Merger Rules Get Tougher in Crackdown by Antitrust Enforcers

US antitrust agencies stepped up the Biden administration’s crackdown on mergers and acquisitions with a sweeping overhaul of rules the government uses to determine whether deals violate competition law.

(Bloomberg) — US antitrust agencies stepped up the Biden administration’s crackdown on mergers and acquisitions with a sweeping overhaul of rules the government uses to determine whether deals violate competition law.

The changes come on the heels of several bruising defeats for the government in blocking vertical mergers. Last week, the Federal Trade Commission lost a legal fight over Microsoft Corp.’s $69 billion deal to buy Activision Blizzard Inc. It was the third big failure for antitrust enforcers, after the Justice Department’s unsuccessful bids to block UnitedHealth Group Inc. from buying up Change Healthcare Inc. last year and AT&T Inc.’s 2018 Time Warner merger. 

The 13 new guidelines proposed Wednesday by the Justice Department and FTC are part of an effort to curb the rise of companies that seek to dominate their industries by buying up rivals. The agencies are asking for public comments on the proposal over the next 60 days.

US regulators developed the new guidelines to provide greater transparency to the public and companies about how antitrust enforcers are thinking about the law as markets and industries change, Jonathan Kanter, the DOJ’s top antitrust cop, said in an interview with Bloomberg TV. 

“Markets today are very different than they were 50 years ago,” Kanter said. “Those economic shifts, those new realities are necessary to understand to apply the law effectively.”

Under President Joe Biden, the US has doubled down on efforts to block more mergers after decades of a light-touch approach by government. Kanter and FTC Chair Lina Khan have argued previous administrations were too permissive, leading to a rise in corporate concentration that has limited choices for consumers and contributed to higher prices.

Under the proposed guidelines, enforcers said they will examine multiple mergers if a deal is part of a series of acquisitions made by a company within the same market. Agencies also will focus on the impact on workers when a deal involves companies that formerly competed for labor. 

Enforcers may assume a deal would harm competition if the company’s market share after the acquisition will be greater than 30%, according to the agencies. 

When it challenged the Microsoft deal, the FTC claimed it would allow the company to withhold Activision’s key titles from rival consoles or game services. But a federal judge ruled the government hadn’t proved the acquisition would hurt competition. The agency is appealing, though a court declined to pause the merger while the FTC seeks to reverse Microsoft’s win. The companies on Wednesday extended their deal deadline to Oct. 18.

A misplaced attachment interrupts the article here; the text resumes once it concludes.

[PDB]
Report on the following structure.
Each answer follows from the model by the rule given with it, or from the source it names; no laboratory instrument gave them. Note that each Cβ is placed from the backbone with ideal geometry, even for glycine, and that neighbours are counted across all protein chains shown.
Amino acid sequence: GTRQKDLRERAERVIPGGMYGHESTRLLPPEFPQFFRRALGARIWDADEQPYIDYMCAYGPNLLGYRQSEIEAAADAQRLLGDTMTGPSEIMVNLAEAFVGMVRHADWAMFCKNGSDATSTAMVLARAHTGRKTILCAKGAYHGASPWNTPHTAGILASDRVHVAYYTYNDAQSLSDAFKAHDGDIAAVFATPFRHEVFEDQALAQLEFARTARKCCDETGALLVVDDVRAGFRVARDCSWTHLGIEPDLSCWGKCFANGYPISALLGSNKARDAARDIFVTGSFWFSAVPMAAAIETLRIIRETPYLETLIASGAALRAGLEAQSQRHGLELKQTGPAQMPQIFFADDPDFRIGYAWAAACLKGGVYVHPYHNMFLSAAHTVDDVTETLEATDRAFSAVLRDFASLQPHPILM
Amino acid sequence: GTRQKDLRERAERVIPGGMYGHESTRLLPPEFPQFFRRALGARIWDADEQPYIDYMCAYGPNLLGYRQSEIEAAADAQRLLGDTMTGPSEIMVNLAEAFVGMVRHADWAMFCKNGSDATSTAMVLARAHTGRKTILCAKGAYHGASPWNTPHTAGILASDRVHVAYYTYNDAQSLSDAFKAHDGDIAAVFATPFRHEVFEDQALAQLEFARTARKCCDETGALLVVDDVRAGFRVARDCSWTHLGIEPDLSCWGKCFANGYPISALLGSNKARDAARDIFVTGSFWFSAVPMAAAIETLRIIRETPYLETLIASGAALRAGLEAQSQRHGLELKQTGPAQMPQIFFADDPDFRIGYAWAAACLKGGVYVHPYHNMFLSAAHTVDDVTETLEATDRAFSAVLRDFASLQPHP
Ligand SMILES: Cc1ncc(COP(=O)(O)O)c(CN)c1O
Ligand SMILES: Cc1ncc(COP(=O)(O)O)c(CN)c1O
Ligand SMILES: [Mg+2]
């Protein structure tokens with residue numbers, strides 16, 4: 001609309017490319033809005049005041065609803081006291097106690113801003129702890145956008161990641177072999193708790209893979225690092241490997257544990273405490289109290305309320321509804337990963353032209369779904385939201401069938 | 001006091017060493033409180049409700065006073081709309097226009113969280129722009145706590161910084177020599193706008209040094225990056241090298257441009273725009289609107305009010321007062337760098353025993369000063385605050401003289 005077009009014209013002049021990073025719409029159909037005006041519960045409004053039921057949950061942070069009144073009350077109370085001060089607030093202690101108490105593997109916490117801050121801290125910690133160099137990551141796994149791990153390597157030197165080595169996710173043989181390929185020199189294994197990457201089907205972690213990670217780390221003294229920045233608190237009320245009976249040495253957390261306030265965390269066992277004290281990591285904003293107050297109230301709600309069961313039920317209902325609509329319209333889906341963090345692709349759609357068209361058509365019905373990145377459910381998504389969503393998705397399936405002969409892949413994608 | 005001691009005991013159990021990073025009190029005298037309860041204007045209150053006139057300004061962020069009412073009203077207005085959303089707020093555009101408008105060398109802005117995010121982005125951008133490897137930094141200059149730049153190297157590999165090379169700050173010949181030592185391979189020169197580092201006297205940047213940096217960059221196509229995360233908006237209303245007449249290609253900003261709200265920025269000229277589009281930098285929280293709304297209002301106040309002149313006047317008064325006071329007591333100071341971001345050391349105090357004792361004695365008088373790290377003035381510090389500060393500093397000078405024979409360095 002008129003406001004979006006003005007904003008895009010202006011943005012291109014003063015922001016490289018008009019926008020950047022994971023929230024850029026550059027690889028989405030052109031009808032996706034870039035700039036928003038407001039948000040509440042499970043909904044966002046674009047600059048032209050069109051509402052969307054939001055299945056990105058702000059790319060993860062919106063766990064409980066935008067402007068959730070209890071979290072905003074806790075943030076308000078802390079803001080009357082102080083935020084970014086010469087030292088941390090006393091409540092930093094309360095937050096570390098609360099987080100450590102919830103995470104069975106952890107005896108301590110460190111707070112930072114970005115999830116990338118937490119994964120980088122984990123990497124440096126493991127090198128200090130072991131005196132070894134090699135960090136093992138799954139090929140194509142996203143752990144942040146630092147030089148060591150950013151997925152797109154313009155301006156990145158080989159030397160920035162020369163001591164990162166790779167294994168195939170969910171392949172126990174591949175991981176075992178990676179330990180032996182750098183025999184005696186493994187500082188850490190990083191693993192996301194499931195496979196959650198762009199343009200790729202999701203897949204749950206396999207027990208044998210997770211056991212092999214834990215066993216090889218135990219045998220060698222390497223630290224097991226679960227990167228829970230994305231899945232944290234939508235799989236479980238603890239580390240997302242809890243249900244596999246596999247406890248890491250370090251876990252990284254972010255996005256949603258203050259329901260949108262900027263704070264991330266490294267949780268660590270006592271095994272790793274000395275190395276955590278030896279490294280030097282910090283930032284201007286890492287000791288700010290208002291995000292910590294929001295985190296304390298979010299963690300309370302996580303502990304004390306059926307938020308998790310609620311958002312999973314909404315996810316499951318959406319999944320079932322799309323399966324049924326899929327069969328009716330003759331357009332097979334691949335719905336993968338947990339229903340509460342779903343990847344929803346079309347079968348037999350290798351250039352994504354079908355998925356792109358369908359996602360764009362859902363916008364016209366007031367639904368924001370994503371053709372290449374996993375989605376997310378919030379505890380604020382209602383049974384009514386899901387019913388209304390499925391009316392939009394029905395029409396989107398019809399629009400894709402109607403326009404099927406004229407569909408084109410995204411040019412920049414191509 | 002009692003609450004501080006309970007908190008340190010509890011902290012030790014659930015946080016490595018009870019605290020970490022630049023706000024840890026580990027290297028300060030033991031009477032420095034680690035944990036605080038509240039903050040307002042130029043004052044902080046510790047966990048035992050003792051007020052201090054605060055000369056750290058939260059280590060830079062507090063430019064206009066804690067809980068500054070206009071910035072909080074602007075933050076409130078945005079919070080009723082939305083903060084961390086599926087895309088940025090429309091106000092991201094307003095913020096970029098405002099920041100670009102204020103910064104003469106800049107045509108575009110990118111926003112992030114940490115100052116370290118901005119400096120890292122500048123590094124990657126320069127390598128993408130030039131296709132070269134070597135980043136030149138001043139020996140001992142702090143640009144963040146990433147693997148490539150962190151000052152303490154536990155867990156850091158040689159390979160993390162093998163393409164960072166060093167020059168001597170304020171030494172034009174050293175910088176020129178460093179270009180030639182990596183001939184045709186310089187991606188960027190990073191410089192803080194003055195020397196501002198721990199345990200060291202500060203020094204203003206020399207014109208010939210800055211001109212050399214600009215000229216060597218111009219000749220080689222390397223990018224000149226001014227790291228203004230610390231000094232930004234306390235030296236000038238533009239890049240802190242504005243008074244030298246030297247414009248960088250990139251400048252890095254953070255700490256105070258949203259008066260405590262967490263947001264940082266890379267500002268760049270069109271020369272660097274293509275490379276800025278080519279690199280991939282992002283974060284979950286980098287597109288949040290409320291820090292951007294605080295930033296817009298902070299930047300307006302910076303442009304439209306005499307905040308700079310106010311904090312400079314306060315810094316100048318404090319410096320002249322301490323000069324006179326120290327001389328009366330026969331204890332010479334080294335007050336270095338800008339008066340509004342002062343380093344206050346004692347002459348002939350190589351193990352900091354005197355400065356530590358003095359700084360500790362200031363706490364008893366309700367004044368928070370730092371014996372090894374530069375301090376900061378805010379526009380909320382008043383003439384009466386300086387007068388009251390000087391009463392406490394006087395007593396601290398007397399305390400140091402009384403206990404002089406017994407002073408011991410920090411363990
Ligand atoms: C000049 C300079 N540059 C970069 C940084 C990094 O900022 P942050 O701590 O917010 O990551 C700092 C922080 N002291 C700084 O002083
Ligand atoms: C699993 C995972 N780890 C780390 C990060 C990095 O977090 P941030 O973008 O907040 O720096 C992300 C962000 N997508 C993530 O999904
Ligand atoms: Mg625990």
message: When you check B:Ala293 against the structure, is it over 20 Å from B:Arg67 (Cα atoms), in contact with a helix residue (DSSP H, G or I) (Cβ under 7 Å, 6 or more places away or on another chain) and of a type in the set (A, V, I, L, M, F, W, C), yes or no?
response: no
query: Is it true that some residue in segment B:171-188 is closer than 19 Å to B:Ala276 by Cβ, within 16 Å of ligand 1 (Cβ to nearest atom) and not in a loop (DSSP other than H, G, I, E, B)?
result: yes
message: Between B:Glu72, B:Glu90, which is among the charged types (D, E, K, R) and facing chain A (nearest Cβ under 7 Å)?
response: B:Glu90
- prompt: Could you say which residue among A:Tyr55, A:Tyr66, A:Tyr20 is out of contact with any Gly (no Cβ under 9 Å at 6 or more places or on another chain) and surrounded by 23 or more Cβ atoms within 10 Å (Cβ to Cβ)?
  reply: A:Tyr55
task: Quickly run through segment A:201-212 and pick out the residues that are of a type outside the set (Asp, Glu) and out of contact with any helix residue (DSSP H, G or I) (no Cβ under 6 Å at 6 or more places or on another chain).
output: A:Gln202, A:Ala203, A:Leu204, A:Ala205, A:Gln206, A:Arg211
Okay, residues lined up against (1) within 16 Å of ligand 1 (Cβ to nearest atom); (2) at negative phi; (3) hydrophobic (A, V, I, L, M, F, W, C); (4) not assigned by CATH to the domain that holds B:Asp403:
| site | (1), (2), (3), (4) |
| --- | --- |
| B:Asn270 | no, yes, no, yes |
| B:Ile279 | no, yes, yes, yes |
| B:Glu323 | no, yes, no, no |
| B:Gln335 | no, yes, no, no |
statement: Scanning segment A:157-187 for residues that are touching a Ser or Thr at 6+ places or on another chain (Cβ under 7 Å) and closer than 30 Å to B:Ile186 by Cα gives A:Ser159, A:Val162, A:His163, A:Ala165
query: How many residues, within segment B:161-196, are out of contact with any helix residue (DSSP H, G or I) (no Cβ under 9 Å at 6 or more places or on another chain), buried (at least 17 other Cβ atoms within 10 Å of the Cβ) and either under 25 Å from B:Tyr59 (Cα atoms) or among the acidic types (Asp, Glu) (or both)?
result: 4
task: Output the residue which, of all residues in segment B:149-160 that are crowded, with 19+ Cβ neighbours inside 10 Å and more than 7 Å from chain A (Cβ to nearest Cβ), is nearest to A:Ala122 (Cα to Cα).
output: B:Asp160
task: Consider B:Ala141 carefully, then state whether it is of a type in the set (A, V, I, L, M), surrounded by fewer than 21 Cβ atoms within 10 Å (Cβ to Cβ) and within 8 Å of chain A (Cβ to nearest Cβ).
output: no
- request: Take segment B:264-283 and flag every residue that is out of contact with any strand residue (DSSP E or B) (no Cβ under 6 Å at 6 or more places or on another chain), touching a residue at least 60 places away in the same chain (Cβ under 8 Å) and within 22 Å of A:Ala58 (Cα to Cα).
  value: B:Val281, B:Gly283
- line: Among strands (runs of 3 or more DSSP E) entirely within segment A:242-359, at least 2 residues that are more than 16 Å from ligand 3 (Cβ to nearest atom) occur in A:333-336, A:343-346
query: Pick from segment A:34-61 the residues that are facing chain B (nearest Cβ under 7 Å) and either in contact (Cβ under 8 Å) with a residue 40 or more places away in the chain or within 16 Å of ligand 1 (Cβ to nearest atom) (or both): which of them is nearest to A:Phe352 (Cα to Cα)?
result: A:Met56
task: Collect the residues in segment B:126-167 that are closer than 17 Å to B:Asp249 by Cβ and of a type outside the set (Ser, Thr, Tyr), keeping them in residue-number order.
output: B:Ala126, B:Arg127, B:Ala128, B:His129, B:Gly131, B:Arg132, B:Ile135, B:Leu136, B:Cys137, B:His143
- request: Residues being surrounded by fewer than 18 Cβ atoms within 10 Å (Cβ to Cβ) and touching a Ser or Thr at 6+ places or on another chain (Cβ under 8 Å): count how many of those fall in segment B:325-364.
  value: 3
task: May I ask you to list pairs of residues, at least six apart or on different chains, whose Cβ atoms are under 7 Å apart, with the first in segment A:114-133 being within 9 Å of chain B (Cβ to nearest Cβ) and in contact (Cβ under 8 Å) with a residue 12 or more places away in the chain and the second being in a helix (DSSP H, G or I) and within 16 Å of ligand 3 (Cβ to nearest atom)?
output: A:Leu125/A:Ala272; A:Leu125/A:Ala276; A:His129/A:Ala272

In an interview with CNBC, Khan said the updated guidelines will help ensure enforcers “fully addressing the realities of digital markets, the realities of how firms are pursuing M&A in the current environment.” 

The White House heralded the guidelines update as an important revision to reflect changing economic conditions. Biden is set to meet with members of his Competition Council, which includes Khan and representatives from DOJ, later Wednesday.

Senator Elizabeth Warren, a Massachusetts Democrat and backer of Khan and Kanter, applauded the revamp, calling it “a much-needed update to counter the real harms posed by corporate monopolies.” 

‘Chill Merger Activity’

The proposals are likely to draw criticism from House Republicans, many of whom have criticized Khan and Kanter for their more aggressive approach to antitrust enforcement.

The US Chamber of Commerce, the nation’s largest business lobby which has been highly critical of Biden’s antitrust enforcers, condemned the new proposal saying it upends decades of bipartisan consensus that mergers aid the US economy.

“These guidelines are designed to chill merger activity, which will deny smaller companies access to the capital and expertise they need to grow and place U.S. businesses at a disadvantage with their global competitors,” Chamber vice president Neil Bradley said.

The agencies began the merger rule revamp in January 2022 and have spent the past 18 months honing new guidelines that would apply to all mergers and acquisitions. Last month, they also proposed an overhaul of the information that companies must provide during merger reviews for the first time in 45 years.

The agencies last changed the guidelines for mergers between direct competitors in 2010. Separate guidelines for so-called vertical deals, which involve companies that operate in the same supply chain but don’t compete directly, were revised in 2020 under former President Donald Trump. Khan and her fellow Democratic FTC commissioners withdrew the agency’s approval of those changes in 2021. 

The new proposal includes rules related to both horizontal and vertical deals as well as ones that involve online platforms. 



(Updates with additional comments beginning in eighth paragraph.)

More stories like this are available on

©2023 Bloomberg L.P.